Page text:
Jan 13

4th Sunday After Epiphany (Year B)

Deuteronomy 18:15-20

  • It could be argued (and, I’m fairly sure that it has) that the “prophet” spoken about in this passage points to the Christ.  Indeed, the people who wandered in the wilderness with Moses longed for the Incarnation – the Holy One come to us in a form that didn’t terrify.
  • The text contains warnings against following false prophets.  What/Who are some of the “false prophets” in our world today?
  • I think it is important (despite the previous question) for us to resist pointing fingers at others when we reflect on this text.  Let’s face it, folks – there are times when we put our own words in the mouth of the Lord.  There is no “Time for Judging Others” element in our worship services (at least, not in the Reformed tradition), but there is a “Prayer of Confession”…
  • It may be beneficial (depending on your focus, if you are preaching on this text) to read through verse 22.

Psalm 111

  • This is a beautiful psalm of praise – a real love song to the Lord!
  • If you use projected images (in an electronic slide show, perhaps), there are good images to work with in this psalm.  Think about all the various descriptive words in this text – words like “majesty”, “gracious”, “faithfulness”.  Or, think of words like “provides” and “giving”, or “heart”, “hands”, and “people”.  Find images that help illustrate each sentence or phrase. (perhaps “majestic mountains or landscapes, a variety of hands offering service to others, etc).

1 Corinthians 8:1-13

  • It would, perhaps, be quite helpful if everyone in the Church would read and re-read these words each and every day (and actually try to live accordingly).  Would that we would all get it through our heads that “knowledge puffs up, but love builds up”.  Knowledge is great, but it tends to make us think more about ourselves, instead of serving others (as we are called to do).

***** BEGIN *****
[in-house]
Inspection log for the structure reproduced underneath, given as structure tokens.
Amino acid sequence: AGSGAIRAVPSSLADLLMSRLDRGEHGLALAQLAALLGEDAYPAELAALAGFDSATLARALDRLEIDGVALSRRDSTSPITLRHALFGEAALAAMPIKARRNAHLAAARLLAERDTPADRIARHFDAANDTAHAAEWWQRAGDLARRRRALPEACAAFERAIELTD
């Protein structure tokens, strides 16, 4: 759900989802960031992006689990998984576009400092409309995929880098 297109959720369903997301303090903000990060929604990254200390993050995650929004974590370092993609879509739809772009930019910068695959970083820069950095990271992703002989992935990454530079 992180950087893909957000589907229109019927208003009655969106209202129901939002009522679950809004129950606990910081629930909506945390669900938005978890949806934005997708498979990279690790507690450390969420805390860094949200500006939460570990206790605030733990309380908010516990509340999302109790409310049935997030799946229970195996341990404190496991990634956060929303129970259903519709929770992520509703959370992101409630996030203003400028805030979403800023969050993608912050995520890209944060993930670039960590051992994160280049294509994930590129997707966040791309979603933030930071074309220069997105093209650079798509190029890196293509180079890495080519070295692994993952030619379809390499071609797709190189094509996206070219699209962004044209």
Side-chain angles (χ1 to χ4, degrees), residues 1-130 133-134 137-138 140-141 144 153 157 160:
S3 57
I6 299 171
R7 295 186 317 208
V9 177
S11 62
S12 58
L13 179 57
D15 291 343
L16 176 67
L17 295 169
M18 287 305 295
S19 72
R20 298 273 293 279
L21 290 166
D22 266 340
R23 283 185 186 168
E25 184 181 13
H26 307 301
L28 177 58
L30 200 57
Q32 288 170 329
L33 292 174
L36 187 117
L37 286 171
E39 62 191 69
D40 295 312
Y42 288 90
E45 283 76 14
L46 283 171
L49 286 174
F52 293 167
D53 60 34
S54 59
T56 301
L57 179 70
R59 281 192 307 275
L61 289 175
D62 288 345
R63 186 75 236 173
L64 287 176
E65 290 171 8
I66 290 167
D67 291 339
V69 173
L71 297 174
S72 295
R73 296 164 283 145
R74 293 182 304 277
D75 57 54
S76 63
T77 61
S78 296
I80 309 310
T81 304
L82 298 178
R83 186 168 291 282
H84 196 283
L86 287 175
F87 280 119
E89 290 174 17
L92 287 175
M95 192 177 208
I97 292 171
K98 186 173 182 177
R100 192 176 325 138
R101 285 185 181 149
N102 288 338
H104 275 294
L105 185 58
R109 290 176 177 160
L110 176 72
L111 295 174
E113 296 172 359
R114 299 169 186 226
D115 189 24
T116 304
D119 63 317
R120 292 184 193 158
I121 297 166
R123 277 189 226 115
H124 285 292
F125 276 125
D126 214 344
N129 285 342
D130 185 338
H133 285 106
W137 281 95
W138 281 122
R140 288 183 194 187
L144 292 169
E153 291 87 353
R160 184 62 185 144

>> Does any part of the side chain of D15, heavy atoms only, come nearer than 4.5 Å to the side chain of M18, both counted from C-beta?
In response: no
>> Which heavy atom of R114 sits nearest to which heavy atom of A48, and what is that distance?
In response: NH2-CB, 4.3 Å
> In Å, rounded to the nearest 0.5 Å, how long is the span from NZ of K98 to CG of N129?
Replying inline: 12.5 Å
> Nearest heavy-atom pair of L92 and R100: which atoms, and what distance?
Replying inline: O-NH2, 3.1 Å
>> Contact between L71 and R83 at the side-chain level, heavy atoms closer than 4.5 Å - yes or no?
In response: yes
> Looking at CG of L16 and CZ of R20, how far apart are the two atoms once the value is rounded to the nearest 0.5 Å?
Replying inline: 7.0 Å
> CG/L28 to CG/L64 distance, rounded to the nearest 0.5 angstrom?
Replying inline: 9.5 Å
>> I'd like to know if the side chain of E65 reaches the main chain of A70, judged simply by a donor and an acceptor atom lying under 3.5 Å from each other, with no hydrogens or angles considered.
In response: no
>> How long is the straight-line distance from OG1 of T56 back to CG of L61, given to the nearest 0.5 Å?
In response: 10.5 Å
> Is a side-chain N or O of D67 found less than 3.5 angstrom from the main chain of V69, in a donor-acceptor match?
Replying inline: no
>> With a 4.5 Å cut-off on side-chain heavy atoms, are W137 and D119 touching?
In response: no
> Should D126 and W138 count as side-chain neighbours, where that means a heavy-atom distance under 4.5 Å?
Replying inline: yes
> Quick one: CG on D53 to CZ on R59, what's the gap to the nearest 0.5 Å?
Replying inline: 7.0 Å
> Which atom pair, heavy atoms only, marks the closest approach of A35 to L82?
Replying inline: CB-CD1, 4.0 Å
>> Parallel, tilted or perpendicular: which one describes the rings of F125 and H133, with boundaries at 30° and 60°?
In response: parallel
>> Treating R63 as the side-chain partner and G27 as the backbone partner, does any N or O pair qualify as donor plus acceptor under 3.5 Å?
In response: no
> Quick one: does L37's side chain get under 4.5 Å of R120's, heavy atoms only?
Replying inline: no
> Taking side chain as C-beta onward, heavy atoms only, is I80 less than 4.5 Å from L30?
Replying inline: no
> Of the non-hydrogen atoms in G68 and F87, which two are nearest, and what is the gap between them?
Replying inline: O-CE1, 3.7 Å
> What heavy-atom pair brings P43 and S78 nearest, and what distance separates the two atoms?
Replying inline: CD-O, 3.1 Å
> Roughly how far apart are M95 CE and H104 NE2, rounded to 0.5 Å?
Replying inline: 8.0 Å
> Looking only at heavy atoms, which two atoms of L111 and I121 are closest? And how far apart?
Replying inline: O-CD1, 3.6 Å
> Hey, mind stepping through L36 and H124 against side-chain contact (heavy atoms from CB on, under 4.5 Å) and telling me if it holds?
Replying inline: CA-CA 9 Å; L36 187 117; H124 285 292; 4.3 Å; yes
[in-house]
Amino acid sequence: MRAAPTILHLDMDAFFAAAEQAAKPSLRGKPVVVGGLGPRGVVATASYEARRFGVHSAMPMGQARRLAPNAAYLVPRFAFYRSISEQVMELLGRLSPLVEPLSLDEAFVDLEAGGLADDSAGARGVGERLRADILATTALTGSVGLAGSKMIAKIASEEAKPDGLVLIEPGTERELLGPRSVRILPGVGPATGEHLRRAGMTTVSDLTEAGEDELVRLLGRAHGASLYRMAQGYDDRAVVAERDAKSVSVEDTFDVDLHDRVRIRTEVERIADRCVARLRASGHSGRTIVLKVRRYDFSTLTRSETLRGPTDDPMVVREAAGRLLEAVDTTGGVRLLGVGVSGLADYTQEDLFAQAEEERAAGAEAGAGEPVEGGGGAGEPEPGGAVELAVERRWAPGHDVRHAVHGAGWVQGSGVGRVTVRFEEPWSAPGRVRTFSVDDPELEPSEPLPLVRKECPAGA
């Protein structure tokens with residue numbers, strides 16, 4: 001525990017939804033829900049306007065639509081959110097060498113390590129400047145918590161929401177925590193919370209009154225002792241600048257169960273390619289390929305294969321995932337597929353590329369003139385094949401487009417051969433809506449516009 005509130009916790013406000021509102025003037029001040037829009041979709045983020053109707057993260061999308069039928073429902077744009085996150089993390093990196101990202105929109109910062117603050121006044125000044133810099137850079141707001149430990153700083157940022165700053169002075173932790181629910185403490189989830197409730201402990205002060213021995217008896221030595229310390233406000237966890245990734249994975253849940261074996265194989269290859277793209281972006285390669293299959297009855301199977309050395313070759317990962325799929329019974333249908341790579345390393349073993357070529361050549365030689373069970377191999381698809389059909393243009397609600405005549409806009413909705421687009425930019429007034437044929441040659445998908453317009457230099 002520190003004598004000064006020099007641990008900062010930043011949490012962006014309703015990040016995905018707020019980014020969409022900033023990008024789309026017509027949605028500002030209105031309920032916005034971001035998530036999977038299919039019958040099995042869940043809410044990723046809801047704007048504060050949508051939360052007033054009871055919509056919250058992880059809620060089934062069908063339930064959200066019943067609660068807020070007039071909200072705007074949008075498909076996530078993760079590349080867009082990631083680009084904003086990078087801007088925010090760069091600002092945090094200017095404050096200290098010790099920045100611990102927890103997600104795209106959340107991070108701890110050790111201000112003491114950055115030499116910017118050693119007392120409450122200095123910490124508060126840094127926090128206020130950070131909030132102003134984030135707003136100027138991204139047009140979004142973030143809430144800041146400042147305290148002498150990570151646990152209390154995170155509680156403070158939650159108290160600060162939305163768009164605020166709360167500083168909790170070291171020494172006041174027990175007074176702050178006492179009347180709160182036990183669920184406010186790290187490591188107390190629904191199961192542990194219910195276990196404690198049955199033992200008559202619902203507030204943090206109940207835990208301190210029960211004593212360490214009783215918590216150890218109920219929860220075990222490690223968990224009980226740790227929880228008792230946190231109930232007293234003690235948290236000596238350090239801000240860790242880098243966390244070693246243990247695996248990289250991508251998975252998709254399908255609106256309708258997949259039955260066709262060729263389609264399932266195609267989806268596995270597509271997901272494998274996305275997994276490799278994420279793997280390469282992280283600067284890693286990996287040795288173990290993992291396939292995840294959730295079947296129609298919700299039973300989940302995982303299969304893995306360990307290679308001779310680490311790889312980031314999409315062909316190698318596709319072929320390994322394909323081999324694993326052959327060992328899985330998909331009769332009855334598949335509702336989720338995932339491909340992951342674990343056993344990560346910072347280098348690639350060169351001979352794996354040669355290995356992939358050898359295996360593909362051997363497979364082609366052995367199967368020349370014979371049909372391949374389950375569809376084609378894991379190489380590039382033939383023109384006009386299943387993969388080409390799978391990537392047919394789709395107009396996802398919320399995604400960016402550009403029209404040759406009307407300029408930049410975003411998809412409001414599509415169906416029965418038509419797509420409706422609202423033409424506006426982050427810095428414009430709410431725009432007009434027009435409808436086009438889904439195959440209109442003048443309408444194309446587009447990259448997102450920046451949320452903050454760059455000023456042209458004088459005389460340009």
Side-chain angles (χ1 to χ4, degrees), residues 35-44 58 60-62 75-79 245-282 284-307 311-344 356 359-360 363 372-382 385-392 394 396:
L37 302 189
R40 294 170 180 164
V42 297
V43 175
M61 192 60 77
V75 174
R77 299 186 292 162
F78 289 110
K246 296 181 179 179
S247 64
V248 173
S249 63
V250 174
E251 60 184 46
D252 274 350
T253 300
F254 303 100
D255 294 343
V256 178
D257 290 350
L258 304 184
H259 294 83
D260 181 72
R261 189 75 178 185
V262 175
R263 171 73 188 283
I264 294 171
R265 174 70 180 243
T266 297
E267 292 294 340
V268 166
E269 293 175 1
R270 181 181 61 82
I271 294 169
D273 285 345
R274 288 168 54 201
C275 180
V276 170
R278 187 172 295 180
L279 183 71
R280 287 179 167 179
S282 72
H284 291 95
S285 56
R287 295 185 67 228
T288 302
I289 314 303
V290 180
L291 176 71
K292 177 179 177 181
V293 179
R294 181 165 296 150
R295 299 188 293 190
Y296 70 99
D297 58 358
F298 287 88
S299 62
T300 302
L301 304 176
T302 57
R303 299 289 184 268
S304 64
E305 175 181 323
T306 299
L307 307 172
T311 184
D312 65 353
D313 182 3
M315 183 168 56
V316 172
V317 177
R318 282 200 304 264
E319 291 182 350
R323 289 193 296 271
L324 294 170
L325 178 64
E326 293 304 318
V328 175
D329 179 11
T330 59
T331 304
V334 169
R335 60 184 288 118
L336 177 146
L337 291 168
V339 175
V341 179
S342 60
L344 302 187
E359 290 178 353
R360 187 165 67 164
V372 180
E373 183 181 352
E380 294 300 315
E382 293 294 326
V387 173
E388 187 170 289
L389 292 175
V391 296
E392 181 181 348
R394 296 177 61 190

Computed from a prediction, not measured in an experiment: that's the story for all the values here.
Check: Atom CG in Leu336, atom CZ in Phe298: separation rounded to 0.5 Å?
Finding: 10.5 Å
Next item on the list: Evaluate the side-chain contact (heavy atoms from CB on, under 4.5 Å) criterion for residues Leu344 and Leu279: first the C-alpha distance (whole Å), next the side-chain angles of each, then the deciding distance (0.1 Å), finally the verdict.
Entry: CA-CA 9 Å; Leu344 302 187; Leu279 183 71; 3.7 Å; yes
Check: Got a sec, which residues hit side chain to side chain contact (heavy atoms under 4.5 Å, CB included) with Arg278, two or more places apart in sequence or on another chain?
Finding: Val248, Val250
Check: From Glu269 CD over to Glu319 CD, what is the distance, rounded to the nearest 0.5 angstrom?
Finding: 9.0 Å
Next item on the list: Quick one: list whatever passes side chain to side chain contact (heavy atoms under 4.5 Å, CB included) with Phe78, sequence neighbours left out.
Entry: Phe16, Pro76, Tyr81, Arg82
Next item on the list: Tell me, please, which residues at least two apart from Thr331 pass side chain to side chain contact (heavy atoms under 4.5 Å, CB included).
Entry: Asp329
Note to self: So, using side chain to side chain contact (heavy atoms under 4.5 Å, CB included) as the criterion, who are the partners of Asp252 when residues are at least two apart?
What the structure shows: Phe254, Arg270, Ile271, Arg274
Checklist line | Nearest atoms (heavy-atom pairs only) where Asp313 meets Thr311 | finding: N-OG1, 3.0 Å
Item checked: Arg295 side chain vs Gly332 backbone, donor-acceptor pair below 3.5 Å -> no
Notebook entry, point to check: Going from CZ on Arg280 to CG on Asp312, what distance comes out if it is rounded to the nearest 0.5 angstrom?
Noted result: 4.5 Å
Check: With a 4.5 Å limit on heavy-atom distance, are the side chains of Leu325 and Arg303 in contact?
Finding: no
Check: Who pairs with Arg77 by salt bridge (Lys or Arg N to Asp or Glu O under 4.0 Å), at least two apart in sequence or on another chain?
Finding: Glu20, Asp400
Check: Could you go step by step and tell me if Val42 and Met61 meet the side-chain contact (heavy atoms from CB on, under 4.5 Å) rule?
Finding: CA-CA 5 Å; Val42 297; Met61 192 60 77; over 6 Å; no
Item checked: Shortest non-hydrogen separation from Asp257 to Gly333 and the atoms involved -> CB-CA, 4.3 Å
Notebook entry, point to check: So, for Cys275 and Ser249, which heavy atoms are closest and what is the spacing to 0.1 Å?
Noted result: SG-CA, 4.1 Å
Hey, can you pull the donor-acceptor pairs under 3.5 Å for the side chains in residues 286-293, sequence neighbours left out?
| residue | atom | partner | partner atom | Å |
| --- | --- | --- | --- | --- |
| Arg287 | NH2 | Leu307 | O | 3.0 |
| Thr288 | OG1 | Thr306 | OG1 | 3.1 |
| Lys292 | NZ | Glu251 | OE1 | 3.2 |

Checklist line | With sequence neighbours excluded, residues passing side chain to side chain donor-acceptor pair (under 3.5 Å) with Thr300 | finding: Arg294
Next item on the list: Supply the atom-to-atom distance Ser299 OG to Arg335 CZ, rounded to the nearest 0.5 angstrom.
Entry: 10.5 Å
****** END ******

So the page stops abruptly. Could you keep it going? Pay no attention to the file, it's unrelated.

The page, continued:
• The NRSV is good, but I really appreciate the straightforwardness of translations/versions like The Message and the Easy-to-Read Version.
  • What are the “foods” that we “eat” that may be a stumbling block to fellow Christians?

Mark 1:21-28

  • This text would make an interesting and dynamic dramatic reading.  Voices needed for this text (besides a narrator): Jesus, the Man/Unclean Spirit, and the People of Capernaum.  I suggest that you have 2 people read for the Man/Unclean Spirit.  Also, you will probably want 3 or more people to read for the People of Capernaum (perhaps the entire congregation can read that part).
  • The inherent drama that is present in this text lends itself to some creative preaching.  For example, you could “preach” as though you were one of the specific people in the narrative (the man who is possessed, the unclean spirit, or one of the townspeople).

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